The question most business owners are facing now is will their business interruption insurance policy cover losses due to viruses, bacteria, or government ordered closures? The answer here unfortunately is not simple or always clear, it depends on the policy, and how the language of that policy is interpreted. There have already been more than four hundred and fifty lawsuits and dozens of class actions filed since the end of June, 2020. As you can imagine, regardless of the language in each policy, the insurers and the policyholders will be arguing over whether the virus should be covered or not. It is being left up to the interpretation of the courts and the state laws in each state to determine if these businesses will be able to collect on their policies.

Has your adjuster denied your claim because he said you didn’t have proper coverage? Many insurance companies deny claims on the grounds that the damage incurred is excluded under your policy. This happens often with hurricanes when an adjuster claims damage was caused by flooding, when in all actuality it was caused by wind damage and heavy rainfall through that damage.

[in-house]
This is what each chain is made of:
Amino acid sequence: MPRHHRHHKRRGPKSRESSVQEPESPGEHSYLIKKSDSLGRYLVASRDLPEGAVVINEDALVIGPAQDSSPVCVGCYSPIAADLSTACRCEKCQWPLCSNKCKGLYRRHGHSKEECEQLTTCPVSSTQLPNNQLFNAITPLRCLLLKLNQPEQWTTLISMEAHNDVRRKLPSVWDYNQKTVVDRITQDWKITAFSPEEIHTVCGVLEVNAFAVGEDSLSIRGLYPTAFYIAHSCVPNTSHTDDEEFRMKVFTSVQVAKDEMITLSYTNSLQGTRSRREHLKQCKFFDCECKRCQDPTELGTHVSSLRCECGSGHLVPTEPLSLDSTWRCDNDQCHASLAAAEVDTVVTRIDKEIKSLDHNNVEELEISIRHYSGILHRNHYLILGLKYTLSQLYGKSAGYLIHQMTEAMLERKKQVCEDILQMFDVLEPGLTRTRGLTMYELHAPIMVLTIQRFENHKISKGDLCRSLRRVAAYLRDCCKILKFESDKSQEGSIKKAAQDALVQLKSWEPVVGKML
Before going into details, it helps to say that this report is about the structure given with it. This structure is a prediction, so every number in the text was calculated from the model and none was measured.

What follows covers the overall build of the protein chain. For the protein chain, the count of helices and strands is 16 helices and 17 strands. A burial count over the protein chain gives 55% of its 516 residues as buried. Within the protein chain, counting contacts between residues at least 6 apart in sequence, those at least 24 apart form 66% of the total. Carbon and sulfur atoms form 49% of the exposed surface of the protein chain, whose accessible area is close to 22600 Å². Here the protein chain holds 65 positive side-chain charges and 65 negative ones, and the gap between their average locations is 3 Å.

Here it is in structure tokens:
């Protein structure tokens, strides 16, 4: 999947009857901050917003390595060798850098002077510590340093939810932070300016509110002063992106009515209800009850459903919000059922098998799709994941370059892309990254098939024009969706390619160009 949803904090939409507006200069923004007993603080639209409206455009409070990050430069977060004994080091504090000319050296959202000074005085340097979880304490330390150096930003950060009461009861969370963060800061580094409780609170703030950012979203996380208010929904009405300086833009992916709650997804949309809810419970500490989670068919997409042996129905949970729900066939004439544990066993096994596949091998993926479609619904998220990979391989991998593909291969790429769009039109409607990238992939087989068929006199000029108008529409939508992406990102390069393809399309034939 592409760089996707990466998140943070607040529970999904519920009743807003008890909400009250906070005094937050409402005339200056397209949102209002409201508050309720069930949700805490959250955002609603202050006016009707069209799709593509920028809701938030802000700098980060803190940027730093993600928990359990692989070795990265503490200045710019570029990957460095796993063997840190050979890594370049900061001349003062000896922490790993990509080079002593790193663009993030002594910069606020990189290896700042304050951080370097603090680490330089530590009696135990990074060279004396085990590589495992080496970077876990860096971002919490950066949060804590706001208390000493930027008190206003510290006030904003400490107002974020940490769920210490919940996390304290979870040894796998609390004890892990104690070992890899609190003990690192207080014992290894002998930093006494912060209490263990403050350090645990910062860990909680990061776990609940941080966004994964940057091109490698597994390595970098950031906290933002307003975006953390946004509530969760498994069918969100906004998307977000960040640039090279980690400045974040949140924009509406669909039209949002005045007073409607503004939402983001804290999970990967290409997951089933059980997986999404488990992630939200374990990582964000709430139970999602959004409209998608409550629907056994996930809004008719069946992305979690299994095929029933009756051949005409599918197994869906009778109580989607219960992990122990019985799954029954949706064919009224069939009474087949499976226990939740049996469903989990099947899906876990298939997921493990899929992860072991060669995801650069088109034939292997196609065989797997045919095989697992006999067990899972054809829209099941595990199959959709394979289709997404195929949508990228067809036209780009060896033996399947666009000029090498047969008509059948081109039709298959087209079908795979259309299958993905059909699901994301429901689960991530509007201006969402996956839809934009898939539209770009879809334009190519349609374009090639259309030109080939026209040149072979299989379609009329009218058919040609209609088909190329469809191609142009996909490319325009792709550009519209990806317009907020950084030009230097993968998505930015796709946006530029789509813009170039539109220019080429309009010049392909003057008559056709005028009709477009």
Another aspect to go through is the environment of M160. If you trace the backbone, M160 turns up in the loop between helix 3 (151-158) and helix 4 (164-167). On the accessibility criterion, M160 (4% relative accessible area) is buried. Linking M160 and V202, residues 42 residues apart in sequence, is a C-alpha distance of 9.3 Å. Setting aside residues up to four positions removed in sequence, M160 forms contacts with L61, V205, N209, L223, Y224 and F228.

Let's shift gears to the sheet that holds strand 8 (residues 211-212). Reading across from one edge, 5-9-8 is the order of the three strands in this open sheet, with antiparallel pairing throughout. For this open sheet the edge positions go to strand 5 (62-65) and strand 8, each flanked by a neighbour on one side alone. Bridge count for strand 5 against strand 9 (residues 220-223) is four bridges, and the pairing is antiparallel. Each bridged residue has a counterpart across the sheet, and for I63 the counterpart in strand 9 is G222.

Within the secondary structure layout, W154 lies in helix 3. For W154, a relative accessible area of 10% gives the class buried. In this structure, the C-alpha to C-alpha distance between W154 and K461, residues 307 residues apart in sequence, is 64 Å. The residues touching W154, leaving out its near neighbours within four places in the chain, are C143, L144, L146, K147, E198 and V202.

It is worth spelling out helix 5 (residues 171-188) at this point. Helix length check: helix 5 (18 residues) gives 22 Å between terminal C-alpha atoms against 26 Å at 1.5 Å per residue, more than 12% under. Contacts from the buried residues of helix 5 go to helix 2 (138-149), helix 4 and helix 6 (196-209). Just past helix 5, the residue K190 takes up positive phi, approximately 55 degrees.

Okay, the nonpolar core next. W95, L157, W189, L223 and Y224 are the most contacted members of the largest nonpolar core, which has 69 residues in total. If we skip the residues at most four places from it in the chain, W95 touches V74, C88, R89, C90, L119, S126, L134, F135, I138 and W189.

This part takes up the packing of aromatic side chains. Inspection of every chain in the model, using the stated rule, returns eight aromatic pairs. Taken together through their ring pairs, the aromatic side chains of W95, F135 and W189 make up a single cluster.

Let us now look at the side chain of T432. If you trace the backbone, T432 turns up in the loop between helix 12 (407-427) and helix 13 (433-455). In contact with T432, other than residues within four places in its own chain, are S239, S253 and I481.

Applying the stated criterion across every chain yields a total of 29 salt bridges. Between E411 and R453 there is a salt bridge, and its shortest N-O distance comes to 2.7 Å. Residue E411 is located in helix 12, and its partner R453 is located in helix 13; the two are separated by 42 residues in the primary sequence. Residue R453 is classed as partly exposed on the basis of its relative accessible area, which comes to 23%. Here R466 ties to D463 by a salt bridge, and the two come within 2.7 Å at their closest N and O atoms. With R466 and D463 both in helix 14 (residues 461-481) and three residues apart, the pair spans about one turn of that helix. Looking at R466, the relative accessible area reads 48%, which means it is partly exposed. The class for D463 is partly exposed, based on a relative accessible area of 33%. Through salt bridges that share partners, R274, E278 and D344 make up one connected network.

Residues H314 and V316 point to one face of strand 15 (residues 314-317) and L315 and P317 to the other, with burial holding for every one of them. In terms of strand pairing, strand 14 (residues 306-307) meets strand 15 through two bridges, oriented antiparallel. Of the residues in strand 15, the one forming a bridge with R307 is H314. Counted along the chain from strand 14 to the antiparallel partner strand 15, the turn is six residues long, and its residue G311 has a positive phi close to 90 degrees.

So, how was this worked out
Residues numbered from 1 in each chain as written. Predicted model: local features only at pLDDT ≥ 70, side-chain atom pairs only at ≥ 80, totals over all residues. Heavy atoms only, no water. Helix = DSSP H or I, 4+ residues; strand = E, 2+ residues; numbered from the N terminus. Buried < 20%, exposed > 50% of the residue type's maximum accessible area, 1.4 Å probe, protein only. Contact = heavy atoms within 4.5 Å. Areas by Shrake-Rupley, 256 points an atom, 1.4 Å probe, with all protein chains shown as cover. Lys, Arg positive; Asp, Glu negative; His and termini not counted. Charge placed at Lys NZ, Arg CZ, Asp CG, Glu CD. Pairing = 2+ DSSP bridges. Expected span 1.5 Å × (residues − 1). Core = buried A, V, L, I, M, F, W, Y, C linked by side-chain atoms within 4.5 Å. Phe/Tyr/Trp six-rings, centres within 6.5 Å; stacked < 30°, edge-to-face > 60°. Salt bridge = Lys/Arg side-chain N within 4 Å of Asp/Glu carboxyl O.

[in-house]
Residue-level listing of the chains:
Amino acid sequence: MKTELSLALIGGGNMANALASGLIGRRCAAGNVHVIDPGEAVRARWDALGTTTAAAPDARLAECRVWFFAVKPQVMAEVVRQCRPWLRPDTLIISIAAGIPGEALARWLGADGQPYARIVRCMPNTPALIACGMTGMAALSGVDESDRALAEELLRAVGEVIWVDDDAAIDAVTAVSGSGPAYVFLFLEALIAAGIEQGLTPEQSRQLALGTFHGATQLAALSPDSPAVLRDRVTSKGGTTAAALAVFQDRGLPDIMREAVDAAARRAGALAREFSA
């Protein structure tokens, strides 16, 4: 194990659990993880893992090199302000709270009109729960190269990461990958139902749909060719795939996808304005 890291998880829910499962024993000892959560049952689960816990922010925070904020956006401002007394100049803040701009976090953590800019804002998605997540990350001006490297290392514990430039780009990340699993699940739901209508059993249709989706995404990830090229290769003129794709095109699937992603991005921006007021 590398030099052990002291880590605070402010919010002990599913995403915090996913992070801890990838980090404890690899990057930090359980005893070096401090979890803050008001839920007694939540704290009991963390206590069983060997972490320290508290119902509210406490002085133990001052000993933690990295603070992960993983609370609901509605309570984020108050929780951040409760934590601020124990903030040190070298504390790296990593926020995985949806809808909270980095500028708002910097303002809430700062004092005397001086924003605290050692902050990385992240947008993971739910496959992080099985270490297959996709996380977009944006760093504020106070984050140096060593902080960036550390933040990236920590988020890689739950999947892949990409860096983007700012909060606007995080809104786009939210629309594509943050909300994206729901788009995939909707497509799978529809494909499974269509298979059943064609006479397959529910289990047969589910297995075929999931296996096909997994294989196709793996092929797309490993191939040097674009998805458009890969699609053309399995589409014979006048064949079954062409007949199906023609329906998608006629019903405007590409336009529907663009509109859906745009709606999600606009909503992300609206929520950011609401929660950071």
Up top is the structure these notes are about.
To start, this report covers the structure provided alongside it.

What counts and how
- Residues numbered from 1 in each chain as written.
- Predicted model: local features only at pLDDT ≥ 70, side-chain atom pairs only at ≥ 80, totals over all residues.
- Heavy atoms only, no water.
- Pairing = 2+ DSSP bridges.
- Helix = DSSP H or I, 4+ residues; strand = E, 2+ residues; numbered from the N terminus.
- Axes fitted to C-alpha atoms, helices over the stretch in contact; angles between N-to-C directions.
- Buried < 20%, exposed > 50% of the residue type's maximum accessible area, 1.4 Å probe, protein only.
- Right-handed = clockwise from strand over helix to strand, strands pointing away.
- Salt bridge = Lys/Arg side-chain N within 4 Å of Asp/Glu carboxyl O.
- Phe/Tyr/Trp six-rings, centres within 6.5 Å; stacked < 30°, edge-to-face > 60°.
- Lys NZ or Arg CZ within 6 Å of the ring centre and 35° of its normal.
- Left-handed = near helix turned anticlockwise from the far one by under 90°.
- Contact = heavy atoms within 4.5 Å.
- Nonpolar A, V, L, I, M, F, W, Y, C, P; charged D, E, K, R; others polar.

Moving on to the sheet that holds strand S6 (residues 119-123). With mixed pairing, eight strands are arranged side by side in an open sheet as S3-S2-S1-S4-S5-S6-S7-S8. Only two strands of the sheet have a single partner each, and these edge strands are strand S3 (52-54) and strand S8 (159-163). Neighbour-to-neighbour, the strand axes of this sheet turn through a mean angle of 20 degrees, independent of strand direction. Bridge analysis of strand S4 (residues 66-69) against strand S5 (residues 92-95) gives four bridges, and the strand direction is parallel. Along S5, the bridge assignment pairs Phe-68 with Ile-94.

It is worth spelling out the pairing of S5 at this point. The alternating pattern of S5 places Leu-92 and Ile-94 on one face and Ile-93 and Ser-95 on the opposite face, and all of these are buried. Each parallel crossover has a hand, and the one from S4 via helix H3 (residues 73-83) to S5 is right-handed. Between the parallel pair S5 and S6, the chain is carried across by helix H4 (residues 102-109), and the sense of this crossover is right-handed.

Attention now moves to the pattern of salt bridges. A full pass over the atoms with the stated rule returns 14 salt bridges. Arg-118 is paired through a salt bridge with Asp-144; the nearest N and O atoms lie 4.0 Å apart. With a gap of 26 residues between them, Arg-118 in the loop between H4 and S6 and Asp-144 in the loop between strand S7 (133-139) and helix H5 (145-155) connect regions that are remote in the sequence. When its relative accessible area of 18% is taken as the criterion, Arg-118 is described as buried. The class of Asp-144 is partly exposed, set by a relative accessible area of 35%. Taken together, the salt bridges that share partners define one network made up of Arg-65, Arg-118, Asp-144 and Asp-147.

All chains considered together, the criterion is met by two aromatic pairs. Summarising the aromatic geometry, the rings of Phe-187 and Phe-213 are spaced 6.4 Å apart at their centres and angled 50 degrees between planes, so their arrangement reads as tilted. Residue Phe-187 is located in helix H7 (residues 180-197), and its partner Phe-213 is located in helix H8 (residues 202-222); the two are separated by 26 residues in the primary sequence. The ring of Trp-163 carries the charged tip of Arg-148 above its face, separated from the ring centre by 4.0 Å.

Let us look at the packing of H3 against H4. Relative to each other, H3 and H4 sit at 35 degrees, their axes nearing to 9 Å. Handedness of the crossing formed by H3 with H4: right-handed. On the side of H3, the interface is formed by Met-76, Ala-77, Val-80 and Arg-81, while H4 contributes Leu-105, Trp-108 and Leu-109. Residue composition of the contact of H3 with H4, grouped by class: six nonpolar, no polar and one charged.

Wind damage is generally covered under a homeowner’s policy and can cover damage such as fire, lightning, or hail. A homeowner’s policy can also cover damage including a fallen tree that damages a roof or windows of a home.

Water Damage is also generally covered under a homeowner’s policy, but with very specific exceptions. Water damage that would be covered in a homeowner’s policy would be damage such as a busted pipe, or a leaking roof. It generally does not cover damage from water coming into the home from the ground since this would be considered flooding. A separate flood policy must be purchased to cover this type of damage. It would include water that seeps into the home from a heavy rainfall or as the result of a lake, ocean or river overflowing onto the property.

Over the last six months, South Louisiana residents and businesses have experienced unprecedented flooding events that exposed many property owners to the difficult process of filing a flood related insurance claim. While some of us learned these painful lessons in the aftermath of Hurricane Katrina and other storms, residents and businesses in many affected areas are new to the process and face dangerous pitfalls if their claims are not handled properly. This article is intended to give property owners a brief overview of what flood insurance is, what it isn’t, and some advice about dealing with your insurance company. For additional information about other forms of financial assistance, safety tips during clean up, and the first steps in filing a claim, please see here.